Senator Bennet’s Plan to Expand the EITC

September 20, 2019

Democratic presidential candidate and Colorado Senator Michael Bennet wants to expand the maximum Earned Income Tax Credit (EITC) for childless workers from $529 to $3,000 in order to increase disposable income.

The EITC is a refundable tax credit equal to a fixed percentage of earned income up to the maximum credit amount. Tax credits provide a dollar for dollar reduction in tax liability. A refundable tax credit allows a taxpayer to receive a refund if the credit they are owed is greater than their tax liability.  

Currently, the EITC’s credit amount varies by income, number of children, and marital status (see chart below). In the phase-in range (or between $0 and $6,920 in earned income for childless workers), workers receive a credit for each additional dollar of income they earn, until it reaches the earned income amount, or plateau. In the plateau, workers can receive the maximum credit for a portion of income but earning additional income does not increase the credit.

For instance, childless workers will receive the maximum credit of $529 if they earn between $6,920 and $8,650. Once workers earn enough income to be in the phaseout range (beginning at $8,650 for childless individuals), the credit they earn for earning an additional dollar begins to decline. By the time a worker reaches the end of the phaseout (or $15,570 for childless individuals), they earn no credit for earning an additional dollar of income.

The Phase-In and Phaseout of the EITC Earned Income Tax Credit

Theoretically, it is unclear whether the credit’s phase-in encourages work. The EITC increases the value of work compared to leisure by matching earned income with a tax credit. This means the EITC has a positive substitution effect in the phase-in. But the EITC also has a negative income effect by increasing income with the tax credit, allowing workers to maintain their current consumption levels while working fewer hours.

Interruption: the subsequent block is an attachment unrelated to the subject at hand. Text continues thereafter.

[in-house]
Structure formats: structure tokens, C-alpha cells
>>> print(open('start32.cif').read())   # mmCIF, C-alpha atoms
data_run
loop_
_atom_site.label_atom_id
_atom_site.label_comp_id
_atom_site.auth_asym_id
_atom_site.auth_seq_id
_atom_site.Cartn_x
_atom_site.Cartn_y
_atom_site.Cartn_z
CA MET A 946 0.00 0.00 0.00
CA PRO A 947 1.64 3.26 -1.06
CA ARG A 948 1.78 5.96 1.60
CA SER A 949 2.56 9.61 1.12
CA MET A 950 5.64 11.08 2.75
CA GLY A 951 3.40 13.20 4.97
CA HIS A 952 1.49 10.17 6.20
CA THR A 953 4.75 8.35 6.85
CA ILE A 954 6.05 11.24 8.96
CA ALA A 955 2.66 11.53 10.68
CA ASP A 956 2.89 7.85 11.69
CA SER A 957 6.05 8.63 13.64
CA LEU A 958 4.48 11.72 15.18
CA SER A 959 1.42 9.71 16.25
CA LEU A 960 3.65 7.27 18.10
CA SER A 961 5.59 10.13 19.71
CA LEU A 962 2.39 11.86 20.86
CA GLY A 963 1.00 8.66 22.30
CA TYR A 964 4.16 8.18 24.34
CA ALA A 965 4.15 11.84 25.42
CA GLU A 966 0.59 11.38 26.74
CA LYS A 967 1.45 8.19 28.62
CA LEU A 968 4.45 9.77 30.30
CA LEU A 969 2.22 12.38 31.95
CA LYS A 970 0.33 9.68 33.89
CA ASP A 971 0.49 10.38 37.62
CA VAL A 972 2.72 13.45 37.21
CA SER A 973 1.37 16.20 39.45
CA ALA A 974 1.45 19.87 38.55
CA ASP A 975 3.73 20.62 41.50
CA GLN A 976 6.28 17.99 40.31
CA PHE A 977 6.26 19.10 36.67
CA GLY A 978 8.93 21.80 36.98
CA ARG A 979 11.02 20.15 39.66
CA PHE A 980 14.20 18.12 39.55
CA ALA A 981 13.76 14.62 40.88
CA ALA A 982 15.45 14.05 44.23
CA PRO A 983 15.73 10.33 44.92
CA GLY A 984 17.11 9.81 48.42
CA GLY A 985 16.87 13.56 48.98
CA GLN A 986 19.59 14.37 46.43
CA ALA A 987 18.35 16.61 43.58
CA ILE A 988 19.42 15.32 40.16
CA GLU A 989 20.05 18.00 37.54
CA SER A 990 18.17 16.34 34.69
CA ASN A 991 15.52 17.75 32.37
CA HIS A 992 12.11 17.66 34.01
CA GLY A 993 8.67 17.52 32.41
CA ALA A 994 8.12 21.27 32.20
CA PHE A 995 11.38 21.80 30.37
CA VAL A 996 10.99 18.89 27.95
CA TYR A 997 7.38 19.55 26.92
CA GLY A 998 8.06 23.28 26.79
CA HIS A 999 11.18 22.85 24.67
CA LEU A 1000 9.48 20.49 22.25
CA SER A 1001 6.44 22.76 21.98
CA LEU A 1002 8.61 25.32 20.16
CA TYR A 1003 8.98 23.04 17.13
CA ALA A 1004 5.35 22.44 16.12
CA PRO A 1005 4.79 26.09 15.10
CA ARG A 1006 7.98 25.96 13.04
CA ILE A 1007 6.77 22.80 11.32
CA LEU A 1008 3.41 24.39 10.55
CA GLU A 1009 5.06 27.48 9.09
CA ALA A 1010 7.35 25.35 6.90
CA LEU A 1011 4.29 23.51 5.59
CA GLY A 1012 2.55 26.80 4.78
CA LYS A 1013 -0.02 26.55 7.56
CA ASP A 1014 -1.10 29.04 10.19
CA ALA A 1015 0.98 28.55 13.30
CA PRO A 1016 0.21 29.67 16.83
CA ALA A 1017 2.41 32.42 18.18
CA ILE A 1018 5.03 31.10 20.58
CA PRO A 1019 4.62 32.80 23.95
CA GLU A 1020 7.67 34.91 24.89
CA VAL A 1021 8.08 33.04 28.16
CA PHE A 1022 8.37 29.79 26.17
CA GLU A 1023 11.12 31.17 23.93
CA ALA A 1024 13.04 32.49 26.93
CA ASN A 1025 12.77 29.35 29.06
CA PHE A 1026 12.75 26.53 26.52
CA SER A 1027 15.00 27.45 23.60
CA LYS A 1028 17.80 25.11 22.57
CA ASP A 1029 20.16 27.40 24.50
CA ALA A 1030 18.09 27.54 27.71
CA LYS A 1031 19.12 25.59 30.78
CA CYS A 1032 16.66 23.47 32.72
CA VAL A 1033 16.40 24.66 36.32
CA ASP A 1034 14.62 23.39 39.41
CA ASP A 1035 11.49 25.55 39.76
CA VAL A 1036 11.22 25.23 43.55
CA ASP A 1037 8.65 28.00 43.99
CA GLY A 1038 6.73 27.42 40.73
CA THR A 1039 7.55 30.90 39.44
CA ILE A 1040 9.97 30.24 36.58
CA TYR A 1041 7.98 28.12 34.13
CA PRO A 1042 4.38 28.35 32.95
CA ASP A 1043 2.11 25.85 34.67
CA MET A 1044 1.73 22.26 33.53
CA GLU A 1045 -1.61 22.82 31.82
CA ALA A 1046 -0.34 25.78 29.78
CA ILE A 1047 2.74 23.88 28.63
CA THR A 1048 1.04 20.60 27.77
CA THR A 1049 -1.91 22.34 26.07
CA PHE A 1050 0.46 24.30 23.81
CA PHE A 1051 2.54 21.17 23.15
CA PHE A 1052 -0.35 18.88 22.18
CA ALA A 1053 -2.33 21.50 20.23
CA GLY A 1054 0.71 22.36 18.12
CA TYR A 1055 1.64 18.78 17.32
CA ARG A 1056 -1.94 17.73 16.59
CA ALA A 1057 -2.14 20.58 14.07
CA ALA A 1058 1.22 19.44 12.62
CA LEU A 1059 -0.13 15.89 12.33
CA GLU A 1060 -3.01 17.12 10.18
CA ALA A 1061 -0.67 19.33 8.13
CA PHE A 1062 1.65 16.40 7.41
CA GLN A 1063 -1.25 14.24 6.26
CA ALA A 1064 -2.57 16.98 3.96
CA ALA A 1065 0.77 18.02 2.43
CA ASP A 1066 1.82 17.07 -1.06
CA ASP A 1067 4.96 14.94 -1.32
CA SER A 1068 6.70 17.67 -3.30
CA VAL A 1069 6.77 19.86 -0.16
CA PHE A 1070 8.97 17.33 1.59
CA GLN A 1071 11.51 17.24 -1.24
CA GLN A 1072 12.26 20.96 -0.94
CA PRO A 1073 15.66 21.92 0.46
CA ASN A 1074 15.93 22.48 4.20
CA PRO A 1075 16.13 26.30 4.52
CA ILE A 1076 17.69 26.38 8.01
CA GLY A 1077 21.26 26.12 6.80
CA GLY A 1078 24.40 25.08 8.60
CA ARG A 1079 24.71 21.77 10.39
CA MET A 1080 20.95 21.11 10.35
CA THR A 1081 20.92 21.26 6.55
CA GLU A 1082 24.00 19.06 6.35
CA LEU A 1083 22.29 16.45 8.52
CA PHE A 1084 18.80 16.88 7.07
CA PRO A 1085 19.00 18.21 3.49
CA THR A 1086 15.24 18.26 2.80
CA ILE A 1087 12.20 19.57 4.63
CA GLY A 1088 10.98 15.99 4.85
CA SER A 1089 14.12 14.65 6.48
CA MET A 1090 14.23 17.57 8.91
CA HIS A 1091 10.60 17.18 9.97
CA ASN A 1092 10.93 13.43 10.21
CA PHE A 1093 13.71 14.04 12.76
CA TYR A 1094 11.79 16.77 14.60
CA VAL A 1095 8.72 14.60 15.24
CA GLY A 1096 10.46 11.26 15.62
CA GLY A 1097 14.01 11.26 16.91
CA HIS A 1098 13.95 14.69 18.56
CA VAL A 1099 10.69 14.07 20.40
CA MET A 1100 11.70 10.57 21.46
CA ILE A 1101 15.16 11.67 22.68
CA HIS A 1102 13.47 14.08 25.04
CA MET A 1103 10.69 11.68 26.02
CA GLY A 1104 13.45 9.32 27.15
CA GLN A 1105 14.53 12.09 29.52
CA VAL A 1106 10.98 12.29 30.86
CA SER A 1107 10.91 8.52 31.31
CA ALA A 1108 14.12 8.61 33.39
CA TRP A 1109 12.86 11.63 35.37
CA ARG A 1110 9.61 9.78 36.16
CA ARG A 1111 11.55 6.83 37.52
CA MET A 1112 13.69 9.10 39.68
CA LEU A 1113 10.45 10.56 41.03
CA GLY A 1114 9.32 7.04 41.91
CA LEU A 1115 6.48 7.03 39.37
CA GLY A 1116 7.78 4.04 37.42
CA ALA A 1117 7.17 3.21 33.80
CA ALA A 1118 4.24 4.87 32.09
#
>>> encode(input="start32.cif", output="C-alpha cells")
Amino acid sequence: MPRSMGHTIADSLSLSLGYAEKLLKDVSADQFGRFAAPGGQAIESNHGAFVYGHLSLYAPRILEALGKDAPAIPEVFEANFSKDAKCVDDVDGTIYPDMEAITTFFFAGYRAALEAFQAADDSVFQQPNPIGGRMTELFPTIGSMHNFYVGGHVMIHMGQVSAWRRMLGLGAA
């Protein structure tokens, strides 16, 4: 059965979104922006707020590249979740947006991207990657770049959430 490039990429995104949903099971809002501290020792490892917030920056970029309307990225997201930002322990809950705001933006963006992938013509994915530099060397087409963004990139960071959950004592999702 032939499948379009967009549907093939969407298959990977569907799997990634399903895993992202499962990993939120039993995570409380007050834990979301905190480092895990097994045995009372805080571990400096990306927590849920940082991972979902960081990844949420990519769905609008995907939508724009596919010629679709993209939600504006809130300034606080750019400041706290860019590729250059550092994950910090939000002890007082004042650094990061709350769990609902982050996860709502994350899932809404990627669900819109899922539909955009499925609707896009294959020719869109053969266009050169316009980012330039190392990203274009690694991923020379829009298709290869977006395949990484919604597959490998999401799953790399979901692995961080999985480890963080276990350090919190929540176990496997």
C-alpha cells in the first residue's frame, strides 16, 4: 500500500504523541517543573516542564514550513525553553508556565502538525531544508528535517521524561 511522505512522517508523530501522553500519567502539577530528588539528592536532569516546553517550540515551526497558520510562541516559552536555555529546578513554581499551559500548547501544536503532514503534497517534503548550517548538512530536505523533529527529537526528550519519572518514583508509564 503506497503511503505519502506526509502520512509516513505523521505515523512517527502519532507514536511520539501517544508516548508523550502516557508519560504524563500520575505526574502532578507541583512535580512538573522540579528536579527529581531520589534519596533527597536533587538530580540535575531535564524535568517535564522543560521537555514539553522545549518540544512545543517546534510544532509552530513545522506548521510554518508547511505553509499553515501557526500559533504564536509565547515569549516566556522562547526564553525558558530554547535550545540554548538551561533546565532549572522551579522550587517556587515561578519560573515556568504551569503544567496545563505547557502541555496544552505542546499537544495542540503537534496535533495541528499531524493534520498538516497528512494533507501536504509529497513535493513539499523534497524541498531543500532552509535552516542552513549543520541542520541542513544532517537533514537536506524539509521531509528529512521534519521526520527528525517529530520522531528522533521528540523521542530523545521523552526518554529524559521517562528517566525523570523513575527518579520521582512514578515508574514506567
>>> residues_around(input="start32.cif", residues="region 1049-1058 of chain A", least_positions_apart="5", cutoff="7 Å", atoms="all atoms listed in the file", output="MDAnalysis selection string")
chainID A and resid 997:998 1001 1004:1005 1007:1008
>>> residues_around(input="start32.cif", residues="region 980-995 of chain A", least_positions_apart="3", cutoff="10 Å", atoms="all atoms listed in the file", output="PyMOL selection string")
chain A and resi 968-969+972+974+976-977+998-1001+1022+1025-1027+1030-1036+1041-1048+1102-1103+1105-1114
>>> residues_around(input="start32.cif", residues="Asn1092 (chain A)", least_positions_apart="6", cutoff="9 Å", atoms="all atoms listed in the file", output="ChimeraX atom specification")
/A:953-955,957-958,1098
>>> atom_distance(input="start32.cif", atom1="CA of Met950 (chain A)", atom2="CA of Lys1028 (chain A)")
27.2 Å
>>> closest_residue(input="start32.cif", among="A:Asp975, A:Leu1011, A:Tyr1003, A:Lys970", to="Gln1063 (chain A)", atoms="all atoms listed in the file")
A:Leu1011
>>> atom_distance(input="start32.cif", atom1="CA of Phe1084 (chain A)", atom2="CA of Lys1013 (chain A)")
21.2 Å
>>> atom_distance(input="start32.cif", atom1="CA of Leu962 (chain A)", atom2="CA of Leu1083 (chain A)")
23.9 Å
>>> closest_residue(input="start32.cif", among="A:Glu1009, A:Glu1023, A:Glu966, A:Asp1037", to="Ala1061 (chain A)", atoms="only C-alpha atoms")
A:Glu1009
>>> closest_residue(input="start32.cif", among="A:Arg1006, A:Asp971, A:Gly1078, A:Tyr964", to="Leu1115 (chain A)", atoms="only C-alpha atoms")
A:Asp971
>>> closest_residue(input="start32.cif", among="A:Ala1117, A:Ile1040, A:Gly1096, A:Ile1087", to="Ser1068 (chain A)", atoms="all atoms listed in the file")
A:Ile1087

Along the plateau, the income effect remains negative. Workers would receive the same maximum credit regardless of where their income is along the plateau.

In the phaseout range, both the income and substitution effects are negative. Workers can keep the maximum credit amount instead of working additional hours and receiving a smaller credit (income effect). The phaseout also increases the relative value of leisure compared to work, since each additional hour of work leads to a smaller credit (substitution effect). For every dollar earned in the phaseout range, the tax credit given to workers decreases, creating an implicit tax on workers that can discourage workers from earning additional income.

The empirical literature suggests that there is a link between expansions of the EITC and increases in the number of people working—especially single mothers. The literature finds that an expanded EITC would increase hours worked more at the extensive margin (among those who are not currently working) than at the intensive margin (or those already in the workforce). This effect is likely larger than the effect on the hours worked of those already in the labor force. However, recent research has argued that EITC expansions were not primarily responsible for increased labor force participation at the extensive margin, but rather the confounding effects of welfare reform and macroeconomic growth.

Senator Bennet believes this EITC expansion plan will help increase income for low-income taxpayers to help them afford housing, healthcare, and higher education. While the EITC does have its issues, evidence suggests that Bennett’s plan would increase total hours worked by drawing more childless workers into the workforce.

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A refundable tax credit can be used to generate a federal tax refund larger than the amount of tax paid throughout the year. In other words, a refundable tax credit creates the possibility of a negative federal tax liability. An example of a refundable tax credit is the Earned Income Tax Credit.

A tax credit is a provision that reduces a taxpayer’s final tax bill, dollar-for-dollar. A tax credit differs from deductions and exemptions, which reduce taxable income, rather than the taxpayer’s tax bill directly.